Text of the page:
China is now taking a strong stance against fake news and rumours by intensifying efforts to clean up the internet.

Led by the Cyberspace Administration of China (CAC), it has launched a campaign to combat false information, specifically targeting social media accounts that spread fake news and impersonate state-controlled media.

In the past month alone, over 100,000 online accounts that misrepresented news anchors and media agencies have been closed by the cyberspace regulator. It has also identified and shut down counterfeit news units and news anchors, eliminating a staggering 835,000 pieces of fake news since April 6.

The cyberspace regulator says the campaign's focus is to guide online platforms in protecting the majority of internet users' rights to obtain accurate and reliable news, preventing accounts disguised as authoritative news sources, from creating fake news studio scenes and even using artificial intelligence (AI) to fabricate news presenters which can mislead the public on various topics, including social incidents and international affairs.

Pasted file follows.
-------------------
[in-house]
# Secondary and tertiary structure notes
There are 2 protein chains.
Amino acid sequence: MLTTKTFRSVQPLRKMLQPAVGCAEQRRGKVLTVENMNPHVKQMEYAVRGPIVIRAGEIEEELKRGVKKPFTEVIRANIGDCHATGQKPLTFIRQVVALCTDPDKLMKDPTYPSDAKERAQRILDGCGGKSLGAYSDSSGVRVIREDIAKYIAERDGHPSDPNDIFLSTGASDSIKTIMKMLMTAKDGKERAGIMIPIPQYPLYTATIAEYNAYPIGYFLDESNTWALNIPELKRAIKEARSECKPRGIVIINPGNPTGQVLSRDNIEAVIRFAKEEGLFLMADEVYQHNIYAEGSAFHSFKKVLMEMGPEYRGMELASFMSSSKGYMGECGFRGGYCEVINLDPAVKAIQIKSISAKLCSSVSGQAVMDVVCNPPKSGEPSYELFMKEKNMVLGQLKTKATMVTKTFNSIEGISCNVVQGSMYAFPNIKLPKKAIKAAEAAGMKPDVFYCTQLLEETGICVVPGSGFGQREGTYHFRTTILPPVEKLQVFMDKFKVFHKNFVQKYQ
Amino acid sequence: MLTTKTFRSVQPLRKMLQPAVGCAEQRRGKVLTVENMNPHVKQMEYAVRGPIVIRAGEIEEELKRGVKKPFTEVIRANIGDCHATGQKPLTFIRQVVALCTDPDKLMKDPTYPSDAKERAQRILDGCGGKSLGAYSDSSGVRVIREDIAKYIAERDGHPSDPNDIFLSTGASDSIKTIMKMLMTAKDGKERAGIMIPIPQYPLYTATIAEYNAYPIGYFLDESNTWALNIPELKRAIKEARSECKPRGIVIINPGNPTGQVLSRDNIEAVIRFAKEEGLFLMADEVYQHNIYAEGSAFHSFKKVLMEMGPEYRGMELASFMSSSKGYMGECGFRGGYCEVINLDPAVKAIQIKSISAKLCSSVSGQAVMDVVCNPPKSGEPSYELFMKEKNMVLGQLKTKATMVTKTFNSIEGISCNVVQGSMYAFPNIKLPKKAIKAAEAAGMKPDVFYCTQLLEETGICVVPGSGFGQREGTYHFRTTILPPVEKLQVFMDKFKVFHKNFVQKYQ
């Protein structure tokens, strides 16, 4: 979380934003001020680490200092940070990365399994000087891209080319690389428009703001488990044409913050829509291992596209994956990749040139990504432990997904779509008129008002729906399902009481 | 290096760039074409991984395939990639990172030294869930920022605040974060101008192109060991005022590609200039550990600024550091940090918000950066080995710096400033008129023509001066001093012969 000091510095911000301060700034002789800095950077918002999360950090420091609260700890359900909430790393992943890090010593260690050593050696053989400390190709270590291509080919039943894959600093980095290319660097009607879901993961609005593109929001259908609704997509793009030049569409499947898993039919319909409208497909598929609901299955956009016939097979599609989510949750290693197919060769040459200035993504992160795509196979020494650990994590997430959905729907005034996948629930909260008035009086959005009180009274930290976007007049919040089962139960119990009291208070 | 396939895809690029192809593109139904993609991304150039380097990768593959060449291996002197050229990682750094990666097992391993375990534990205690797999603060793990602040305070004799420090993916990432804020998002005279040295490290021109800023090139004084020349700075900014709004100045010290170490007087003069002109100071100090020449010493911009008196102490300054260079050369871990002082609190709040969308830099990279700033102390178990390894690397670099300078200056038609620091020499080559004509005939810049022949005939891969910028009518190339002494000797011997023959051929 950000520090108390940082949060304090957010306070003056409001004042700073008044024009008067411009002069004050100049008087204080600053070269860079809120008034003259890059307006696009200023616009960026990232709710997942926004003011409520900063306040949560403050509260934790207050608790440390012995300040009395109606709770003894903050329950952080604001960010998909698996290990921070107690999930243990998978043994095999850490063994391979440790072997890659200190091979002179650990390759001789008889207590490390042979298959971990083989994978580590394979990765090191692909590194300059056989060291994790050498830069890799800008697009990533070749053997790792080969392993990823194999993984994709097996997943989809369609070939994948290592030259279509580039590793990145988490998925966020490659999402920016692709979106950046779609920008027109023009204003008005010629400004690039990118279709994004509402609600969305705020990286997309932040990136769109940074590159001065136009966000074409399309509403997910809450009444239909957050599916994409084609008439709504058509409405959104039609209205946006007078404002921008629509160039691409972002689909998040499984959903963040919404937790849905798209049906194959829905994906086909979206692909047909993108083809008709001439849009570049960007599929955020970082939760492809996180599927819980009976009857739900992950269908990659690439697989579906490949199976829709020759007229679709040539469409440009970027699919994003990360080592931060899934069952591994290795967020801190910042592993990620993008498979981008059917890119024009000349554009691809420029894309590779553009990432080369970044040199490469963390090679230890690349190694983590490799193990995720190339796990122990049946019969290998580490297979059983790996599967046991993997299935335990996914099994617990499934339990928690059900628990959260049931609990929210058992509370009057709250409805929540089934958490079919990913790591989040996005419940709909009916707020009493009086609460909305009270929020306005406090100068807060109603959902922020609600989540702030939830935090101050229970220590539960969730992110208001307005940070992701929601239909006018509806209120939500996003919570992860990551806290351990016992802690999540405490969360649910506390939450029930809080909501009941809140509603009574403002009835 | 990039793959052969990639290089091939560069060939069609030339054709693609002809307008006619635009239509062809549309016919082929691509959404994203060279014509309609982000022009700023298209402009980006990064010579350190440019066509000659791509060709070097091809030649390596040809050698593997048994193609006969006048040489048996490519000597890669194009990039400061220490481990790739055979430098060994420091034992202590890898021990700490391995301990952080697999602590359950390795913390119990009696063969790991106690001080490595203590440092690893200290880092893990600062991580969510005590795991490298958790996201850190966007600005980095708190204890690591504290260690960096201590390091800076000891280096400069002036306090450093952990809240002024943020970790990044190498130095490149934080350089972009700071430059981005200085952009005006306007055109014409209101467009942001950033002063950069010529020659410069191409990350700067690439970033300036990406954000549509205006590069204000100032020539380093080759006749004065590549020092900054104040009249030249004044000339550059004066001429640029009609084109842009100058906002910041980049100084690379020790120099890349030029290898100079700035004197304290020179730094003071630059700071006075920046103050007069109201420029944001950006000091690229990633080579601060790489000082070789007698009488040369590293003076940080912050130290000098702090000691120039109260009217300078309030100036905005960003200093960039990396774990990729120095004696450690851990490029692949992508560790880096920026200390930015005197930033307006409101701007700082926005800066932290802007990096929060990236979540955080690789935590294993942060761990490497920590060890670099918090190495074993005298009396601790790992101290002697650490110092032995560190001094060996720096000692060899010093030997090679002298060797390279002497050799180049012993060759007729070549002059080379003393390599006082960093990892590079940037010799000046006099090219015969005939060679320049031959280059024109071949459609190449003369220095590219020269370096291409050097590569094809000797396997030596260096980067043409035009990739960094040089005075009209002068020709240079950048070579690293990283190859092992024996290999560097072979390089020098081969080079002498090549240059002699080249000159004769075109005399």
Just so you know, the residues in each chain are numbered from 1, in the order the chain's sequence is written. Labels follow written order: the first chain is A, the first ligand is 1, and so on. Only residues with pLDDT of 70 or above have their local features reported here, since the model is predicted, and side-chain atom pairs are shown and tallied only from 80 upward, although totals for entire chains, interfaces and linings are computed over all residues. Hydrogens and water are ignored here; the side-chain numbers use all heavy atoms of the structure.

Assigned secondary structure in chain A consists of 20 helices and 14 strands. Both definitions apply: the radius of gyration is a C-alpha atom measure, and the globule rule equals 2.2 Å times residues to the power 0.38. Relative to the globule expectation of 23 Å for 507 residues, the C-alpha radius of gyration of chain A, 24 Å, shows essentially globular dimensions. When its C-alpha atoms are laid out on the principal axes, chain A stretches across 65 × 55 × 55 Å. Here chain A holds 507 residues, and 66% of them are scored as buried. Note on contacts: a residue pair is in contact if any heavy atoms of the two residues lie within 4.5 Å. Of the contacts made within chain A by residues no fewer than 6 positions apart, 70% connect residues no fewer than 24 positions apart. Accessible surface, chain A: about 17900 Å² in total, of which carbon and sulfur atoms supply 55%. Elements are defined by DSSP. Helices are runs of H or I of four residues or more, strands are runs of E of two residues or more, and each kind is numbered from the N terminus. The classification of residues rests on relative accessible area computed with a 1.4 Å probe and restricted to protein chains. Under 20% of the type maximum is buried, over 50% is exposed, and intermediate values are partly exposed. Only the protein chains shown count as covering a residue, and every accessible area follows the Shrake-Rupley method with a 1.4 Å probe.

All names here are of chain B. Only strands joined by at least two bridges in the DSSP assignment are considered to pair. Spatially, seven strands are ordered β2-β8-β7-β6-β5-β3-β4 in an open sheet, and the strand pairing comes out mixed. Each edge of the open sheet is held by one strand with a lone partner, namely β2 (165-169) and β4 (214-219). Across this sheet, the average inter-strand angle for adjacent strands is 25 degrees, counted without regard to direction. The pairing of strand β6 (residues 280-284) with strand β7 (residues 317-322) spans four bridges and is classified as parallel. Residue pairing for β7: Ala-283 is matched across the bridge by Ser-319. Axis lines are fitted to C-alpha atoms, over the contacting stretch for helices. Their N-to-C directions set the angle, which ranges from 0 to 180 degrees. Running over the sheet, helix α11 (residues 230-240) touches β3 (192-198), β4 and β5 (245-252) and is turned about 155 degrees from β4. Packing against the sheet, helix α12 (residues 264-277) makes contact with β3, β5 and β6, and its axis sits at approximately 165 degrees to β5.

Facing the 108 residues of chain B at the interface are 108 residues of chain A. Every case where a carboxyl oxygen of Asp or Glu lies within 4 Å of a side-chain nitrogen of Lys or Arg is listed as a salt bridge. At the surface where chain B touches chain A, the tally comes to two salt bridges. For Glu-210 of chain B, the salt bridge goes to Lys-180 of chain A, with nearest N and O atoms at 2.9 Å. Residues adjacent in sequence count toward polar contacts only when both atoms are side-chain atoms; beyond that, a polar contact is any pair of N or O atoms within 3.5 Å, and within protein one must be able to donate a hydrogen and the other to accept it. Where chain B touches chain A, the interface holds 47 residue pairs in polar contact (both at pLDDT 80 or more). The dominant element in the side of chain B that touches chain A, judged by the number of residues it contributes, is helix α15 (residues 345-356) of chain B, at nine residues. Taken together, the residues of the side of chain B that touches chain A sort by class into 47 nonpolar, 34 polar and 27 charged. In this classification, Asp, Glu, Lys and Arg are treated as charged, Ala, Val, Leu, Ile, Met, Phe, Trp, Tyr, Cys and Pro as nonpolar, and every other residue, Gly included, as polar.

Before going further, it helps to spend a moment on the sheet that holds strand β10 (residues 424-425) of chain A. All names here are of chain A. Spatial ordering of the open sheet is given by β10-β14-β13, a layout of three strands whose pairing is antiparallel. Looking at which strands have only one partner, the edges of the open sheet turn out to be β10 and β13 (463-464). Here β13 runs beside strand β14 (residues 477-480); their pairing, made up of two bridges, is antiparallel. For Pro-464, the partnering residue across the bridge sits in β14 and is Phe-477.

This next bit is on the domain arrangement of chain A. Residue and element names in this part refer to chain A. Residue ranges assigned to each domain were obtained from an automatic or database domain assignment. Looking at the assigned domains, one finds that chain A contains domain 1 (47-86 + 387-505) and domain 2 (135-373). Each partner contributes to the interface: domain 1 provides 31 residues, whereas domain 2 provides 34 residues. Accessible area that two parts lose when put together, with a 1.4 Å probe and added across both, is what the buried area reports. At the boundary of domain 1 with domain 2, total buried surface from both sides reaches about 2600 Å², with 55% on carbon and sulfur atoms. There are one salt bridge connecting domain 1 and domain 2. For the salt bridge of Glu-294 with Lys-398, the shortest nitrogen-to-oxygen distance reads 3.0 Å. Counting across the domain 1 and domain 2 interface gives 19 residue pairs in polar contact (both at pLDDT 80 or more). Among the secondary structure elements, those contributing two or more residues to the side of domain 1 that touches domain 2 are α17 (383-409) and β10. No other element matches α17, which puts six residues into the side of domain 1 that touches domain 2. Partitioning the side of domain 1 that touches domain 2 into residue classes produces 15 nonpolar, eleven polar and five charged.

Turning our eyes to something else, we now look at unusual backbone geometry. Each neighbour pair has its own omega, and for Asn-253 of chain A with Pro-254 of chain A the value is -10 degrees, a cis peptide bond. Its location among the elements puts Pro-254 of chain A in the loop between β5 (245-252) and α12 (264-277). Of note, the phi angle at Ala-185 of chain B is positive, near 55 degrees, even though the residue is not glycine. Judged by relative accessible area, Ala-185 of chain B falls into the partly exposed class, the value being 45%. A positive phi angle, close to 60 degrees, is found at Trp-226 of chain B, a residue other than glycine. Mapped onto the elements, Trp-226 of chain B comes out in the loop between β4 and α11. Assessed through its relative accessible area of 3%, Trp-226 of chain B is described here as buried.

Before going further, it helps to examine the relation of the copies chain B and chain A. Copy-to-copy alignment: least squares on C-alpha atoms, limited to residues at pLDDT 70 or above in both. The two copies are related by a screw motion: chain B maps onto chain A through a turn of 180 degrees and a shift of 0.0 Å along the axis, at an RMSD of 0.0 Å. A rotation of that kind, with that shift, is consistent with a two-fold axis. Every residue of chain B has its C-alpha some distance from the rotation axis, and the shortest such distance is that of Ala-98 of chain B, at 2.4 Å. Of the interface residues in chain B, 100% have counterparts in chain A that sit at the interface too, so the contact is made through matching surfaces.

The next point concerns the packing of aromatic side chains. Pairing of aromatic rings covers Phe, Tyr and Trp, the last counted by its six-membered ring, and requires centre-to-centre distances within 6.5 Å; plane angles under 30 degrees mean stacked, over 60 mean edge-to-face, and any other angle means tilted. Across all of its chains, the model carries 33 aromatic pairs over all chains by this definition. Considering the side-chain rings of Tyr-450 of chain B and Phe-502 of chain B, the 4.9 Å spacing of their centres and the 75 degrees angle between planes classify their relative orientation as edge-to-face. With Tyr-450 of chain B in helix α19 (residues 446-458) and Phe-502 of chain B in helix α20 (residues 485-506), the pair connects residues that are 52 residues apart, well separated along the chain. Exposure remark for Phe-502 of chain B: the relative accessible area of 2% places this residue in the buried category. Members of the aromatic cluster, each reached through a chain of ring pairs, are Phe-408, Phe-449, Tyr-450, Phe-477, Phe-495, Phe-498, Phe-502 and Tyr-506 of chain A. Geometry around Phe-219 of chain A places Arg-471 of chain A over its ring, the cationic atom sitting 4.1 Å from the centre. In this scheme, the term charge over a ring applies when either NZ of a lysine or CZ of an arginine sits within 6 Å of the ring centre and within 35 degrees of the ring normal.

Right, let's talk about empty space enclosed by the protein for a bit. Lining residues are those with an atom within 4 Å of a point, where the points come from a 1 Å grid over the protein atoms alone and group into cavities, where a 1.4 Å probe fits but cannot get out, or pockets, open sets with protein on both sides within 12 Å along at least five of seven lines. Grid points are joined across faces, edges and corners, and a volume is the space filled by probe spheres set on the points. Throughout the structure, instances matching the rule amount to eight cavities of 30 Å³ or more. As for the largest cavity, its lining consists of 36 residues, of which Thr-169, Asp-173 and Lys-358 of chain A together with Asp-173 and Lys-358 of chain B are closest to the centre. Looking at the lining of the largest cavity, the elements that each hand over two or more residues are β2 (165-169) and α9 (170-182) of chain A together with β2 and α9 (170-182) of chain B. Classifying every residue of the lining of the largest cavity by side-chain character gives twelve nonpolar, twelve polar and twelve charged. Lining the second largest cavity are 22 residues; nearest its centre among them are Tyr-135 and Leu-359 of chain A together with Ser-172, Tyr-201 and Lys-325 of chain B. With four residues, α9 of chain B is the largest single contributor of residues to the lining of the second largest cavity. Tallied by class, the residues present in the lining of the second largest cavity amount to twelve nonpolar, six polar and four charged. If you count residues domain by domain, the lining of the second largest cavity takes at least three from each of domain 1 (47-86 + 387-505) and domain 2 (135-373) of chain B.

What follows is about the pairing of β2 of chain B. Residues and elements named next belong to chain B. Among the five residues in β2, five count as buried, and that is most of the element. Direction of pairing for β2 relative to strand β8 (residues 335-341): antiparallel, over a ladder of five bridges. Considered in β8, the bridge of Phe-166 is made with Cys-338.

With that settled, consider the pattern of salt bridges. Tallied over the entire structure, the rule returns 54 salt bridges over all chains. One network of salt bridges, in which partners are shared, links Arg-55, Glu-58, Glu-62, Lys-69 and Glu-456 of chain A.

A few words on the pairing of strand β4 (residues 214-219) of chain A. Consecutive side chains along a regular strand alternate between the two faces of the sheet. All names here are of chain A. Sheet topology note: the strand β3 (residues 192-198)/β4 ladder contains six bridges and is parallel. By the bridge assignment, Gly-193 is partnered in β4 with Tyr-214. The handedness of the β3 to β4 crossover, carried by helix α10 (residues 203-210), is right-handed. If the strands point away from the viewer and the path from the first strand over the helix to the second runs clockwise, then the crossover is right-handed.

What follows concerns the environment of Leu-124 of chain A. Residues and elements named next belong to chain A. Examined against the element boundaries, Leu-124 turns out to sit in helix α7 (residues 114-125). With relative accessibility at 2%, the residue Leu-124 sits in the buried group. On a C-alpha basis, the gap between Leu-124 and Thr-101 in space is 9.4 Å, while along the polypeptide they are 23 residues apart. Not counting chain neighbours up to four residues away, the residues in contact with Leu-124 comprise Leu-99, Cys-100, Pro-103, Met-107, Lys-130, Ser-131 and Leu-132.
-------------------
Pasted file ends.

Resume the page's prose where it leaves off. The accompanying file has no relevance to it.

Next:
But this kind of campaign makes it challenging to find the delicate balance between control and accuracy in China's fight against fake news. While the crackdown on misinformation showcases the nation's commitment to upholding the integrity of online information, the exercise of control over news dissemination raises questions about freedom of expression on social media platforms.

According to a report by Reuters, Chinese social media platforms, like Weibo, already exercise significant control over news dissemination. They reportedly prioritize topic hashtags endorsed by state media while censoring hashtags related to sensitive issues, even if they go viral. It has also regularly ordered sweeping measures to scrub the internet of material and language it deemed inappropriate,